- The Washington Times - Thursday, December 19, 2019

Language encouraging the Pentagon to screen for white nationalists among military enlistees has been quietly cut from an annual defense spending bill.

An amendment included in the National Defense Authorization Act recently passed by the Democratic-controlled House of Representatives called for the secretary of defense to study the feasibility of “screening for white nationalists and individuals with ties to white nationalist organizations.”

Members of the Republican-controlled Senate subsequently passed their own draft of the NDAA, and the reconciled version ultimately approved by Congress no longer mentions white nationalists.

Instead, the reconciled version of the NDAA calls for the Pentagon to study the feasibility of screening for simply “extremist and gang-related activity.”

HuffPost first reported the new language Thursday.



Rep. Peter Aguilar, a California Democrat who proposed the House amendment, said it was “disappointing” to see his language stripped from the final defense bill, adding that white nationalists have “successfully enlisted in our military in order to gain access to combat training and weaponry,” the outlet reported.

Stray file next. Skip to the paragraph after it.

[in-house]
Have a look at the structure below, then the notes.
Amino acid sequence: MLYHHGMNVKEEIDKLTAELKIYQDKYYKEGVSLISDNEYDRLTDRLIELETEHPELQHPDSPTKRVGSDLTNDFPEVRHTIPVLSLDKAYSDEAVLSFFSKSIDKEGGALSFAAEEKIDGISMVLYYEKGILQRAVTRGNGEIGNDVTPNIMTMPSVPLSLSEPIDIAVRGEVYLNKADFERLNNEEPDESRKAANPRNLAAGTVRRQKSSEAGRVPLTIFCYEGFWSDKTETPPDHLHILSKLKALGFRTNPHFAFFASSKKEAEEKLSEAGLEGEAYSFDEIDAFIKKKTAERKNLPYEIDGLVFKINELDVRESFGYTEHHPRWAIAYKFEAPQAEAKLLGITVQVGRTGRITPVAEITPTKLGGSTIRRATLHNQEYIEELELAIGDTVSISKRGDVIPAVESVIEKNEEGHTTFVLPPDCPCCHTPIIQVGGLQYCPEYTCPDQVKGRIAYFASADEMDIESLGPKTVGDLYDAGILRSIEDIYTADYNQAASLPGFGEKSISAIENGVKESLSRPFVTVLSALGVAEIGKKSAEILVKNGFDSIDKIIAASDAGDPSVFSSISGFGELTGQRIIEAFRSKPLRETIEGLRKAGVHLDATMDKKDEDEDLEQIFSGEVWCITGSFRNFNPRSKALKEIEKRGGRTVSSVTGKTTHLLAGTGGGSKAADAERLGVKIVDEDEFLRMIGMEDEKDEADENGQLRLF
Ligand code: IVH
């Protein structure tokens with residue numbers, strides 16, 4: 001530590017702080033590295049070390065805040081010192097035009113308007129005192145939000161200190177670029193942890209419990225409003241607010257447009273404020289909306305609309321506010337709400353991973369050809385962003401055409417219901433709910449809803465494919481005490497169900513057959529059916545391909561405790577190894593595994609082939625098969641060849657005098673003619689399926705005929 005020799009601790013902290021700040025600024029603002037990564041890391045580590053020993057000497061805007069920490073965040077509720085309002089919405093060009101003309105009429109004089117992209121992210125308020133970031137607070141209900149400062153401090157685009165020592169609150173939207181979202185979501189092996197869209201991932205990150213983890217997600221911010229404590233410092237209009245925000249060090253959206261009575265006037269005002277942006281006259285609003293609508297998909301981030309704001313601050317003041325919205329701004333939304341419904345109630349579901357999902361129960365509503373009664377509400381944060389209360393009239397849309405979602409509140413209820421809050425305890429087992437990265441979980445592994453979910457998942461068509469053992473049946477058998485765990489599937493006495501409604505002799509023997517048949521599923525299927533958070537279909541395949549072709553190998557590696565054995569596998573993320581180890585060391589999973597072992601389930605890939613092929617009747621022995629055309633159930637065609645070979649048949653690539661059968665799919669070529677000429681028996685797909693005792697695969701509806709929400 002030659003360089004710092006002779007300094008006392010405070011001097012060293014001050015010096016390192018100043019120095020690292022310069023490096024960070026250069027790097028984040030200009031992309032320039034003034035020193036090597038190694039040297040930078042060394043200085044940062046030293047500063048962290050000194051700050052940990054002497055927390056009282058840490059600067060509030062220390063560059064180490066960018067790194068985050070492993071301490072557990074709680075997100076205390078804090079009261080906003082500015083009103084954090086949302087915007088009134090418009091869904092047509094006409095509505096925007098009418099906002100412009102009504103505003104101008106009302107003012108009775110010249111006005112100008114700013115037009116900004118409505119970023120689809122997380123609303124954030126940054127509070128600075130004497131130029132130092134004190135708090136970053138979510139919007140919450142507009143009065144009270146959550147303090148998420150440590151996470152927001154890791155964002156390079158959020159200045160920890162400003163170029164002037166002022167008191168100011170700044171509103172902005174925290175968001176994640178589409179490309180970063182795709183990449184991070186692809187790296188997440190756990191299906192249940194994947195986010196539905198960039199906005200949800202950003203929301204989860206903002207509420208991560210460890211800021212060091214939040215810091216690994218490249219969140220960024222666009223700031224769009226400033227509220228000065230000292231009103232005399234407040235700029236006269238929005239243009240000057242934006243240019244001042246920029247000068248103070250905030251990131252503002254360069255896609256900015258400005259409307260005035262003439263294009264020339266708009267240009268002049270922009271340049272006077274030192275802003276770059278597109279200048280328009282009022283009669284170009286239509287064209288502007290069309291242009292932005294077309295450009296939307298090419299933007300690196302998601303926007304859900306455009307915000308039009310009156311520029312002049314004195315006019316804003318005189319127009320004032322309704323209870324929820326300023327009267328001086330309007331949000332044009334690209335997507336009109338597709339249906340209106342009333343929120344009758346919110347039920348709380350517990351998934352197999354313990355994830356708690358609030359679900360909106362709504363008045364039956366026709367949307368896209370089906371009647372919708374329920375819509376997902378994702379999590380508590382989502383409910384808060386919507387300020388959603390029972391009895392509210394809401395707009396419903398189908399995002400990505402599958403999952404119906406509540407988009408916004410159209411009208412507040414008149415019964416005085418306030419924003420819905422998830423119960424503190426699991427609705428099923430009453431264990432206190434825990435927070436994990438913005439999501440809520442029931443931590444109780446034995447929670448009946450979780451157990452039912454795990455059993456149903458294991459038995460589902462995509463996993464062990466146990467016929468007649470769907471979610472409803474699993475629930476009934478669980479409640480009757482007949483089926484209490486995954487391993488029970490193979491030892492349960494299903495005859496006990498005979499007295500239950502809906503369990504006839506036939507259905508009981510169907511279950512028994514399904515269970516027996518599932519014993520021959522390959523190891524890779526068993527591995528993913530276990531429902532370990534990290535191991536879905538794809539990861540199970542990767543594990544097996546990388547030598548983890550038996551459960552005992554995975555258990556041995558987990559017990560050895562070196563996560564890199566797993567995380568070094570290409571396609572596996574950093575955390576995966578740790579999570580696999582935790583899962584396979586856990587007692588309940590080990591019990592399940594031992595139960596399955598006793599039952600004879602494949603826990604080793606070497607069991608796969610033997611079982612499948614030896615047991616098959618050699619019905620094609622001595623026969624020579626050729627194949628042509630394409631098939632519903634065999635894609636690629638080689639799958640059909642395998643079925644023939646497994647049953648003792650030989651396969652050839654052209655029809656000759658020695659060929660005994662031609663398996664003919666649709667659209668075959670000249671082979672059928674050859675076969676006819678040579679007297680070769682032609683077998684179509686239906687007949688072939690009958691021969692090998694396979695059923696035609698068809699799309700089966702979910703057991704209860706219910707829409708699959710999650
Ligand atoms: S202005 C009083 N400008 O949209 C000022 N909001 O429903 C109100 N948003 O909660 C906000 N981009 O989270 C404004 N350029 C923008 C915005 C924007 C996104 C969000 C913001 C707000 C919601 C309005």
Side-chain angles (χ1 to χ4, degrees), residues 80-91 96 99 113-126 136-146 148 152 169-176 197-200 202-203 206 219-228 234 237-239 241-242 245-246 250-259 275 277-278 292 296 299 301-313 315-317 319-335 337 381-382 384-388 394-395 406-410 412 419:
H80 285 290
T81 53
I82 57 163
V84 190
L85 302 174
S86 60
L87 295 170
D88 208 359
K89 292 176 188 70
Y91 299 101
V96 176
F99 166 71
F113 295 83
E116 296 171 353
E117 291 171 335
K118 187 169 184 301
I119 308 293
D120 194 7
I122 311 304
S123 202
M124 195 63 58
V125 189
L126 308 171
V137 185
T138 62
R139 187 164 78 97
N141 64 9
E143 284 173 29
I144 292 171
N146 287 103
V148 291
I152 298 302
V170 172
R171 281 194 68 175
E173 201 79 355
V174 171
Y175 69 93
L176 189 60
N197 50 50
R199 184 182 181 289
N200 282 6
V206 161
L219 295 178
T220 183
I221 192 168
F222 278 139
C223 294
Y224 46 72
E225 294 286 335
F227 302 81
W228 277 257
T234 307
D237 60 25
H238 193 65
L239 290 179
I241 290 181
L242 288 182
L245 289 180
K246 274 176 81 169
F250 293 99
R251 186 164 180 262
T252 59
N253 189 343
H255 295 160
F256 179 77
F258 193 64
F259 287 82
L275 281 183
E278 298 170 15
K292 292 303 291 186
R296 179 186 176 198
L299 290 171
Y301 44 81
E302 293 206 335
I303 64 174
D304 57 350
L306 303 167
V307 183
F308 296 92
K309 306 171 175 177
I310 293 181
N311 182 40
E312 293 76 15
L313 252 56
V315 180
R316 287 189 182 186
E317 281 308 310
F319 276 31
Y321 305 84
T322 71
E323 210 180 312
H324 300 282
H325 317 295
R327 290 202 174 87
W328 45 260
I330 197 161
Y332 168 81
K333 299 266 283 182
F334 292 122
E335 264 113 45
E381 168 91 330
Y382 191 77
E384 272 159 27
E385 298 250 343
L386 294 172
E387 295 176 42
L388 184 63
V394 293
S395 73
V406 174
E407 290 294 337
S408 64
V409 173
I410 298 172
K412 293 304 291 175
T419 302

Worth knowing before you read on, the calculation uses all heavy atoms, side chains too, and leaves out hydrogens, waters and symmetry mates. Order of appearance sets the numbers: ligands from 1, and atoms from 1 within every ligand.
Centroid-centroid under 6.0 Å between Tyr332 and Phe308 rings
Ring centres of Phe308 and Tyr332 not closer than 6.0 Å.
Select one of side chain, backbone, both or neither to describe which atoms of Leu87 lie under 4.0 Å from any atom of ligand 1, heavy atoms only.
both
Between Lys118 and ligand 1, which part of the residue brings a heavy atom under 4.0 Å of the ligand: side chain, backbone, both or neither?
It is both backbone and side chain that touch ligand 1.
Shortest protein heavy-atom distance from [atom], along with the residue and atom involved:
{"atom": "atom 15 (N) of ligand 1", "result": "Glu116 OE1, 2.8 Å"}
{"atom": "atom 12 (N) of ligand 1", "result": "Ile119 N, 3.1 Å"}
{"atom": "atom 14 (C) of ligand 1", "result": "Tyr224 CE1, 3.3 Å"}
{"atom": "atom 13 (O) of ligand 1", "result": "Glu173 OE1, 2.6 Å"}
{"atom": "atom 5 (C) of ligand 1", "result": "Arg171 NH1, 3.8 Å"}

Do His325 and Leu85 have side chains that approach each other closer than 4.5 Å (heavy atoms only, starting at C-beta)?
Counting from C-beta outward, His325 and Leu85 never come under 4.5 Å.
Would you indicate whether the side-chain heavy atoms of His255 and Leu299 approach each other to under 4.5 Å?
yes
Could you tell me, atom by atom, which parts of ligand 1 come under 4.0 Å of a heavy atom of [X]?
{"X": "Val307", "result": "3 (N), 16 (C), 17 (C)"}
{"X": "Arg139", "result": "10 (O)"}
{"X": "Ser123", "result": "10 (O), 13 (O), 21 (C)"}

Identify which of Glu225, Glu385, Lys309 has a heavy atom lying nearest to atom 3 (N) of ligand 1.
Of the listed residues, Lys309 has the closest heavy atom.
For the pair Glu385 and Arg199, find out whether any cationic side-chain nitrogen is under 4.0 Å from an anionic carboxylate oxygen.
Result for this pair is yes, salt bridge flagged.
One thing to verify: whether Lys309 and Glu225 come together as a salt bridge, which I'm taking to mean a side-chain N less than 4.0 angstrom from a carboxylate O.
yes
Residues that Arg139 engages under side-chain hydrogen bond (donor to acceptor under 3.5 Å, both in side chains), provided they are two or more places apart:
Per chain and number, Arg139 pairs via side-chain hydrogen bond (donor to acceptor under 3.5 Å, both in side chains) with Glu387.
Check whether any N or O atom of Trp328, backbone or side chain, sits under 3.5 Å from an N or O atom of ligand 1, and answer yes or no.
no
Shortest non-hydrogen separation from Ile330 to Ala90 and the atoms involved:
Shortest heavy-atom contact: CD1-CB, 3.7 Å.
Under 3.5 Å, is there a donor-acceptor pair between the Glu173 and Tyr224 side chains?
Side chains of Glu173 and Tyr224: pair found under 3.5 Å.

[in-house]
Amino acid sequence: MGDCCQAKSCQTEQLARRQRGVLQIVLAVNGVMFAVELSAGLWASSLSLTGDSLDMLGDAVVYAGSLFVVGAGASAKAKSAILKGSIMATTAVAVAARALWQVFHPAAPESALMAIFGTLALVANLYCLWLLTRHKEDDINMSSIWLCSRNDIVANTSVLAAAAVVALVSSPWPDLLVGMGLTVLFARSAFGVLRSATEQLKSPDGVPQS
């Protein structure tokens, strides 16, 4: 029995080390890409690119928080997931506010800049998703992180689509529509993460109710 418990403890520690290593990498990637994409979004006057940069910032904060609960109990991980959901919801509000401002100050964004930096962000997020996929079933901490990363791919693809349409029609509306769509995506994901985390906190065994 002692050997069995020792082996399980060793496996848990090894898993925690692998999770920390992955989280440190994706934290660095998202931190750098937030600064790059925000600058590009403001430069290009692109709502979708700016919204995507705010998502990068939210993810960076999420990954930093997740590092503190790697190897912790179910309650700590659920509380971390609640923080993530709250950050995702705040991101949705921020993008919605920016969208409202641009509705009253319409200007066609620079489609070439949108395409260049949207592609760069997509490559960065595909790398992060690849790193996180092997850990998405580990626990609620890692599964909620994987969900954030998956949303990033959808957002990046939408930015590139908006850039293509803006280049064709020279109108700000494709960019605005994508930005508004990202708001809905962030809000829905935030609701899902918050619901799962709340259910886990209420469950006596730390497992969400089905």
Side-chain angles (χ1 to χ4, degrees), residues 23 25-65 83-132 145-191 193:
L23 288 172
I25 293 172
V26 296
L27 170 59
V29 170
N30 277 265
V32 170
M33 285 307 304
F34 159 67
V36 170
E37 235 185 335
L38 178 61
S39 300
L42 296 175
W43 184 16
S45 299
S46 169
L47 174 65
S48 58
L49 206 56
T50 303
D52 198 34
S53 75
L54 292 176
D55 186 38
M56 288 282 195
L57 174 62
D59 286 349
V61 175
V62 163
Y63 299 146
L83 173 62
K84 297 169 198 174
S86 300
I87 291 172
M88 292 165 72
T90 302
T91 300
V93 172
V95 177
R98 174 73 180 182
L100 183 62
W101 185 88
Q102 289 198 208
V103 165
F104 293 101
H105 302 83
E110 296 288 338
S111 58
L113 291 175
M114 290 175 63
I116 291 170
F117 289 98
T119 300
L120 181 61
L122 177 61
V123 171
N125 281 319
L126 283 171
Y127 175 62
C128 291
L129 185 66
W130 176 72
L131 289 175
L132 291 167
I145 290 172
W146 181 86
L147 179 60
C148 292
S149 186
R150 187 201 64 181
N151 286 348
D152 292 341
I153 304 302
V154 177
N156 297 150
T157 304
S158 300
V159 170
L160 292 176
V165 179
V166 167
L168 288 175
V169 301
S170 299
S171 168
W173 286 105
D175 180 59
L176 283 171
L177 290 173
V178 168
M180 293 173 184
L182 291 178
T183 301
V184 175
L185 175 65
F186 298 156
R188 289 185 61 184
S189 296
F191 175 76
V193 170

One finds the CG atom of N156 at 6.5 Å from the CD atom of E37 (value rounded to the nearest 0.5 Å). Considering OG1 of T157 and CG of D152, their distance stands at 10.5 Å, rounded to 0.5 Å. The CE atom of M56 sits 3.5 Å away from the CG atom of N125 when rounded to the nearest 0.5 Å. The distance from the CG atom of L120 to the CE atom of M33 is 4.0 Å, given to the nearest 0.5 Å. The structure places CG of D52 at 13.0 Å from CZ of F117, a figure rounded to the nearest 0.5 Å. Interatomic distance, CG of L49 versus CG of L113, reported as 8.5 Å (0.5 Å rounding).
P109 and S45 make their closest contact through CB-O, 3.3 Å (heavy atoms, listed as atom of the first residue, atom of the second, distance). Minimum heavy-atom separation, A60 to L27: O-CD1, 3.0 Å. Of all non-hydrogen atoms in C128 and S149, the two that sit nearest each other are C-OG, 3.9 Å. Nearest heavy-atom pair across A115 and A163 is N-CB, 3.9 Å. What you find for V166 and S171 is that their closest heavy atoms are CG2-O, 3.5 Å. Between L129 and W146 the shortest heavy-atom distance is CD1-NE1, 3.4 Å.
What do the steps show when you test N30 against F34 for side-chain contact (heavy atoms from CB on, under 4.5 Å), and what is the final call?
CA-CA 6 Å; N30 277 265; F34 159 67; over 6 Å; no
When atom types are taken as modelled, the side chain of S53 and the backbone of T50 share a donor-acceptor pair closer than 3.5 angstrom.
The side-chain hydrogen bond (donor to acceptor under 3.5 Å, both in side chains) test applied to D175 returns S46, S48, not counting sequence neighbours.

“We cannot turn a blind eye to this growing problem which puts our national security and the safety of the brave men and women serving our country in jeopardy. It’s disappointing that Senate Republicans disagree,” he told HuffPost.

A spokesperson for the Senate Armed Service Committee dismissed concerns about the word change and said the language is now is broader than before.

“This is absurd,” the spokesperson told The Washington Times. “The language from the amendment, which was agreed to in a bipartisan vote by both House and Senate, was expanded beyond Rep. Aguilar’s amendment to include extremist organizations of all kinds: white nationalists, radical Muslims, gang members and others who aren’t suitable to join the military.”

Nearly one in four troops surveyed in 2017 by Military Times said they witnessed examples of white nationalism among fellow service members, according to the outlet.

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